But how many people have such an epiphany when they have been taught to hate. How many people think, I mean really think about what they have been taught? Not that many.
That is what the Pences of the world have been taught, over and over how evil people who think and act differently from them are.
My family never gave up the hate that I ran away from. Those people had to be hated. There is no way to make them see, unless they are willing. Having them read, no matter how good the book will ever open their eyes. Eyes are closed for a reason. And it takes something powerful to open them.
I share your feelings, when I was 19 my eyes were opened. It took my grandmother until she was in her 70s to stop hating. And when I was a child she had told me Hitler didn’t kill enough people. That there were so many in the US to be killed. And that was 60 some yrs ago. It wasn’t until she was in her late 70s that she stopped preaching hate. That a black family moving in was fine, that my sister marrying a jew was ok, that my marrying an irish woman was ok. All the abuse, all the hatred was finally gone.
I fought against it all my life, cost me my family. And I had to walk away.

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That is the truth, we keep fighting and never surrender. What I believe in is all I have that is worthwhile.

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It is indeed about fear, plus a transactional view of the world in which there isn’t enough of anything for everyone, and another’s gain always means my loss. The Christianisticist view starts with original sin and substitutionary atonement, which Fr. RCath Richard Rohr observes (this morning e-mail from Center for Action and Contemplation) makes everything but the last three minutes of Jesus’ life irrelevant. Thank God (relationships, not some externalized being out somewhere else) for the possibility of transformation.

I was pretty much indifferent to the presence and needs of LGBTQI folk until their claims became an issue in my church (Presby USA). Even then, it took hearing a lesbian minister talk about her own transformation and the support of her then husband and sons for me to realize how much it mattered to open myself to a transformation of the heart. Since then (after my Mother’s death, but with her explicit blessing) my Dad enjoyed the last 14 years of his life with a male partner and my elder child has come out as nonbinary trans, with a partner of the same gender. They’re looking forward to getting their birth certificate changed this month. My own Grandmother (paternal) thank God, is long past the opportunity to spray her fearfulness all over us.

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Skip, I’m sorry for what you went through. The people whom I respect the most are those who have had to overcome the closed, hateful programming in their childhoods. It takes a lot of courage, smarts, and compassion to go deep into that introspection and questioning or challenging of inculcated values & beliefs. It’s a difficult journey.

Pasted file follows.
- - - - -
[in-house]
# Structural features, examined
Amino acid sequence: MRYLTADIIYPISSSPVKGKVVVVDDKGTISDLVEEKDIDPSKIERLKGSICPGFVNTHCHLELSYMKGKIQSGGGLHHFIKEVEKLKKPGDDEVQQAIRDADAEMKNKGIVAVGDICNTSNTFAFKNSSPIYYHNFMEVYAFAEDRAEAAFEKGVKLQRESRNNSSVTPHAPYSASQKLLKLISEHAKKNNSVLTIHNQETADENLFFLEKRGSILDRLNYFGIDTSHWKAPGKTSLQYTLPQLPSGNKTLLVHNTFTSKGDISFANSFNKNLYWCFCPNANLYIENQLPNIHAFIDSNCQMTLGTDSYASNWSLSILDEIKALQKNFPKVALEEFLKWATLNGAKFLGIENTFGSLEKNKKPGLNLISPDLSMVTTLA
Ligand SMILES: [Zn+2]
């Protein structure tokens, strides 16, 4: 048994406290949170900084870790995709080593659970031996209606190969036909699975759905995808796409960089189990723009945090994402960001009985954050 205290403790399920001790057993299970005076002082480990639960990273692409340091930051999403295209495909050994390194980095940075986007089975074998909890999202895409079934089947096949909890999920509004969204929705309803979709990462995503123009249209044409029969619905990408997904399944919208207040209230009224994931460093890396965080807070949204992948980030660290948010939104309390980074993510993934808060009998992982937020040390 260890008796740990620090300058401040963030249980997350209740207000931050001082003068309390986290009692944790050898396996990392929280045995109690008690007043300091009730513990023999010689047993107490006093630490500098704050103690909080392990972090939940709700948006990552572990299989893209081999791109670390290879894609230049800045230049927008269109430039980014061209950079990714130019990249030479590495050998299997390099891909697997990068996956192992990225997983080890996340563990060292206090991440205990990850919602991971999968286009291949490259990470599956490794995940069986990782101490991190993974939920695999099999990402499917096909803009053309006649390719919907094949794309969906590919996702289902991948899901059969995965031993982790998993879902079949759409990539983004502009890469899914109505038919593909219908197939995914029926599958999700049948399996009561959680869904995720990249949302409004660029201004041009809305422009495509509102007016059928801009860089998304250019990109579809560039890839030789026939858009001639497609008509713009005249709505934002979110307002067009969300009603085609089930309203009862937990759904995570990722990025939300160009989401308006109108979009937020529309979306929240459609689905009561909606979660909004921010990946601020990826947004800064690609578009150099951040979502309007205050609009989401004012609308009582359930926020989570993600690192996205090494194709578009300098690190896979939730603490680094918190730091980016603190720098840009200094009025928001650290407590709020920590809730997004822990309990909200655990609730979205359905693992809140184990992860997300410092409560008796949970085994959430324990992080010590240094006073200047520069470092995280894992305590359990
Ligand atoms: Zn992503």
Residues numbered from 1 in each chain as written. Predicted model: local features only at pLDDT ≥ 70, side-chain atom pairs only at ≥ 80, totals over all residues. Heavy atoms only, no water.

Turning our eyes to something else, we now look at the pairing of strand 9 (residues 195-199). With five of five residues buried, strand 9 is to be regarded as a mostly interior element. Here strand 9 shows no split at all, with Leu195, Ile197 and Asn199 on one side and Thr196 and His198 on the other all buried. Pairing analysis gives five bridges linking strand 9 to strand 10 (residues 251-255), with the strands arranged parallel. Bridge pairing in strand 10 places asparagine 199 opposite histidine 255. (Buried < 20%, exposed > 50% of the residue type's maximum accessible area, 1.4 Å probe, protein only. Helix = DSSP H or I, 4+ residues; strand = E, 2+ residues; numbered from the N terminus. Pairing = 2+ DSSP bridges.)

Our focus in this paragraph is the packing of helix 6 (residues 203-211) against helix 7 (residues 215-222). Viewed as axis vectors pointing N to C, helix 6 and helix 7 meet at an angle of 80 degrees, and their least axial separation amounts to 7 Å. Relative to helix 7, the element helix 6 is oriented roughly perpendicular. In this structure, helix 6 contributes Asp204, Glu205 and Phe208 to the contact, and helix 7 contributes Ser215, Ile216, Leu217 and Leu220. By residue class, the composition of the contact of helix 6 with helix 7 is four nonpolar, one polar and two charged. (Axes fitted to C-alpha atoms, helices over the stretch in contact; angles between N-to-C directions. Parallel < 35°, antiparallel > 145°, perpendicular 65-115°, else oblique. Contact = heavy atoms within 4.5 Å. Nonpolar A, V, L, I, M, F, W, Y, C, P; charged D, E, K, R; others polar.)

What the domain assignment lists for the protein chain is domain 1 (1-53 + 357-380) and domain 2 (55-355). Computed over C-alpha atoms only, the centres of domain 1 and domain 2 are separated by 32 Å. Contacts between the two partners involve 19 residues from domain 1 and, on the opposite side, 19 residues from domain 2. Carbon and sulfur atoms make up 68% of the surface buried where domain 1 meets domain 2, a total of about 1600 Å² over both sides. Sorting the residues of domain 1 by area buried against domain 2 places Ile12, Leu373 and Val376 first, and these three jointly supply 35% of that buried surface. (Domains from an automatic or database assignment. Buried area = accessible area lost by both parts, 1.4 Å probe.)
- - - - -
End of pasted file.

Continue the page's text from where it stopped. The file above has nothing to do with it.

I was incredibly lucky to be brought up by parents who didn’t do that toxic programming of us siblings. I questioned some things but ultimately came to feel no dissonance with their programming and my values…and how I could travel thru life. My main exception to any of that is something I already referred to on this thread: I thought “the good fight” would be over someday and we could “rest.” Somehow, Dad imbued me with a quixotic hope.

Please see my response to Skip.

I often think of myself as Don tilting at windmills. The impossible dream is one of my favorite songs.
I am just glad I decided to think for myself, it made me question religion and what was taught. I always had this streak of questioning everything. My grandmother hated when I kept asking her why when she was trying to talk me into hating those she hated. She insisted that I had to understand that I just needed to believe her views and not question them.
Long ago I decided that if people didn’t accept me for who and what I am, then it was their loss. My friends will tell you that I am the weirdest person they know. My sense of humor can be wacky. I have always been different, a bit odd.
But you know when I tried to fit in, I couldn’t. It was only when I decided to be myself that I fit in.

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I always had trouble with the christian view that we are born into sin. I could never accept that. Just one of the reasons why I became an atheist.
And yeah that whole thing about someone has to lose in order to win. I prefer win/win. That way both are happy. I may have to compromise, but if we both get something, then we are both winners.
After my experience, I did start thinking about gays. Also at that time during the late 60s civil rights was a big issue, along with women’s rights. And the war of course. It was a thinking time for me and I really became aware that I wasn’t the only one suffering.